“I have a cousin who is 23 years old. His mother was born in India. Many years ago, she filed an immigration petition for him. Now, it’s time for him to finally complete his paperwork for a green card. We’ve been told that since my cousin is now over 21, he no longer qualifies. Someone else told me this is not true. Can you tell me who is right?”
(Submitted by Alex P., National City, CA)
Well, it’s possible they’re both right. It depends on the facts of your cousin’s case.
The confusion between the two opinions appears related to a program known as the Child Status Protection Act (CSPA).
Under this law, some immigrants, who have already turned 21, can still qualify as children when it comes to seeking permanent resident benefits.
Without going into too much detail, here is why the Child Status Protection Act was passed.
Sometimes, the government takes a long time to process the paperwork of immigrants. For children, these delays can cause them to lose their eligibility for green cards when they turn 21 years old. This is called “aging-out”. The Child Status Protection Act was designed to help correct this problem.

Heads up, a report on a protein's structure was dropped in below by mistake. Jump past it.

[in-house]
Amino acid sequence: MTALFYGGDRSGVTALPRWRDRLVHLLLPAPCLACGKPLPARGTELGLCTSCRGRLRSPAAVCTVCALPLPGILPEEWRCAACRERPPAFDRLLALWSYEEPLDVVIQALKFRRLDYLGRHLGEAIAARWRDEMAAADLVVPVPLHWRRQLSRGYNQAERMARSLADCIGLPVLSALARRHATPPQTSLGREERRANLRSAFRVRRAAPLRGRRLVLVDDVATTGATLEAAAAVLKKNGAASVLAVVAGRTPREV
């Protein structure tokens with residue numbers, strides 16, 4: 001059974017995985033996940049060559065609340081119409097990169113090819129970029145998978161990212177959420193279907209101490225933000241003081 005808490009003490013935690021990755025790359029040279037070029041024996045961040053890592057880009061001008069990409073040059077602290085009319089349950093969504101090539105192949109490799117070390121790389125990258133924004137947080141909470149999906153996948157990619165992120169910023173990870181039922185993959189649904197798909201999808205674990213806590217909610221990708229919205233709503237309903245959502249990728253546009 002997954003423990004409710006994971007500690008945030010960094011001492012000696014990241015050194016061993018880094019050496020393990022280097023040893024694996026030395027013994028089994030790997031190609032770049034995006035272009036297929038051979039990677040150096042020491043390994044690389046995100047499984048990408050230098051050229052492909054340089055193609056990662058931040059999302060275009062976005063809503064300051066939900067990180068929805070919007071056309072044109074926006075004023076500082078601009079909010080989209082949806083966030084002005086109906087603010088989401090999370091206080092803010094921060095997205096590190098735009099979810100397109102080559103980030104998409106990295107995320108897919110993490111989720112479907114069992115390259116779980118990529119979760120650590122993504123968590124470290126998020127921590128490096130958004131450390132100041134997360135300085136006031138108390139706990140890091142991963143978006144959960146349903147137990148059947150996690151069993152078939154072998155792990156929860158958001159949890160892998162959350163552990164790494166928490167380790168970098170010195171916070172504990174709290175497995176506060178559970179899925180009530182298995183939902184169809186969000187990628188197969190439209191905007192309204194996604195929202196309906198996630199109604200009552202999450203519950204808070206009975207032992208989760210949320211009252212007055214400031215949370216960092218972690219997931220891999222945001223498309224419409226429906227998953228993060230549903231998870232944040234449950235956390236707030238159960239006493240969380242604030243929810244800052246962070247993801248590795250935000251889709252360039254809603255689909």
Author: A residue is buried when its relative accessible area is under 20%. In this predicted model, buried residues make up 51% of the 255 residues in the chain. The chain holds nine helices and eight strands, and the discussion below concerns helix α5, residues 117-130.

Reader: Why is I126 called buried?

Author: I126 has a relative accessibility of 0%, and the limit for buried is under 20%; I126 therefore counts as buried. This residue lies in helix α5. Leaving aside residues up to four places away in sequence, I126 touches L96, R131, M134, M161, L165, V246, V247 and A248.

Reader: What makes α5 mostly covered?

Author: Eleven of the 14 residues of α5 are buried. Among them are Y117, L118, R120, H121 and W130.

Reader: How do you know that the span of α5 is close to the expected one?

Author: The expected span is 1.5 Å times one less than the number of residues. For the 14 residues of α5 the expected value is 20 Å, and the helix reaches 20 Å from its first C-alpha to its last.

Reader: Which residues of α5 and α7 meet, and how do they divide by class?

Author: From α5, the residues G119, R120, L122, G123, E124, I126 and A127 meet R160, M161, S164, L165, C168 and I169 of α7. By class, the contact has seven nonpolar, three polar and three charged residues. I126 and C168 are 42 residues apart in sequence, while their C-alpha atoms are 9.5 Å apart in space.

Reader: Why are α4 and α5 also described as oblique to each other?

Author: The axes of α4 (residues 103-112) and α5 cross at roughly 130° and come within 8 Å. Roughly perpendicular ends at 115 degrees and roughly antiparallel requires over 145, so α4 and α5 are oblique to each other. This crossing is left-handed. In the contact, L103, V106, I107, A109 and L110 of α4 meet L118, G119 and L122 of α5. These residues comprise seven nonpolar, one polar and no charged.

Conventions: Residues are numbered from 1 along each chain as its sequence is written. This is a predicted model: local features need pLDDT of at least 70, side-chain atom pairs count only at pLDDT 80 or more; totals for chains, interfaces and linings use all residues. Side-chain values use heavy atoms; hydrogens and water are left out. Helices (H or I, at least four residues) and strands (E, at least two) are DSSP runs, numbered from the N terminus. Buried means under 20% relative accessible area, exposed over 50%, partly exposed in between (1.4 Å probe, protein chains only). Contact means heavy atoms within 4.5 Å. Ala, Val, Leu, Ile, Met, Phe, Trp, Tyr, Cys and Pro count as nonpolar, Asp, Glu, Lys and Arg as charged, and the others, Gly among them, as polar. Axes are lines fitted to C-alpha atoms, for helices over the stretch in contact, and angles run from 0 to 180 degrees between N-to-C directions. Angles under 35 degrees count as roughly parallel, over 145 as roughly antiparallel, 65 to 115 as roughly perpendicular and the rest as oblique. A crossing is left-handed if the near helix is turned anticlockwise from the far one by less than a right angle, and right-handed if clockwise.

Under the CSPA, dates are very important. I’ll use imaginary dates to help explain the basic details how the program works.
- First, what is your cousin’s exact date of birth? Let’s use November 12, 1990.
- Second, when did his mother file the immigration petition for him? Let’s pretend the date was August 4, 2005. This is the priority date.
- Third, when was the petition approved? Here, we will use February 4, 2007.
- From August 4, 2005 to February 4, 2007 is 18 months. This is considered the period of delay.
- You can add the 18 months to your cousin’s date of birth. This gives him an “adjusted date of birth” of April 12, 1992.
- Under this rule, he turns 21 on April 12, 2013.
- Now, let’s say his priority date to apply for a green card becomes “good” in October 2012.
- Under CSPA, because of his “adjusted date of birth,” he does not turn 21 under April 12, 2013. So he is still under 21 in October 2012 for immigration purposes. His mother’s petition for him as a child is still valid.
- Your cousin’s true age is 21 on November 12, 2011. This means in October 2012, he would be almost 22 years old. Without the help of the CSPA, he would be disqualified for a green card as a child.
Please realize this is a very simple example.
The problem of aging-out affects many young immigrants.
Perhaps the Child Status Protection Act can assist your cousin.
This area of law is quite complicated. In the past few months, there have been major changes to how the CSPA applies to immigrants who fit into different categories.
Thus, I caution you to talk to an immigration green card expert about the specifics of your cousin’s case before going forward.
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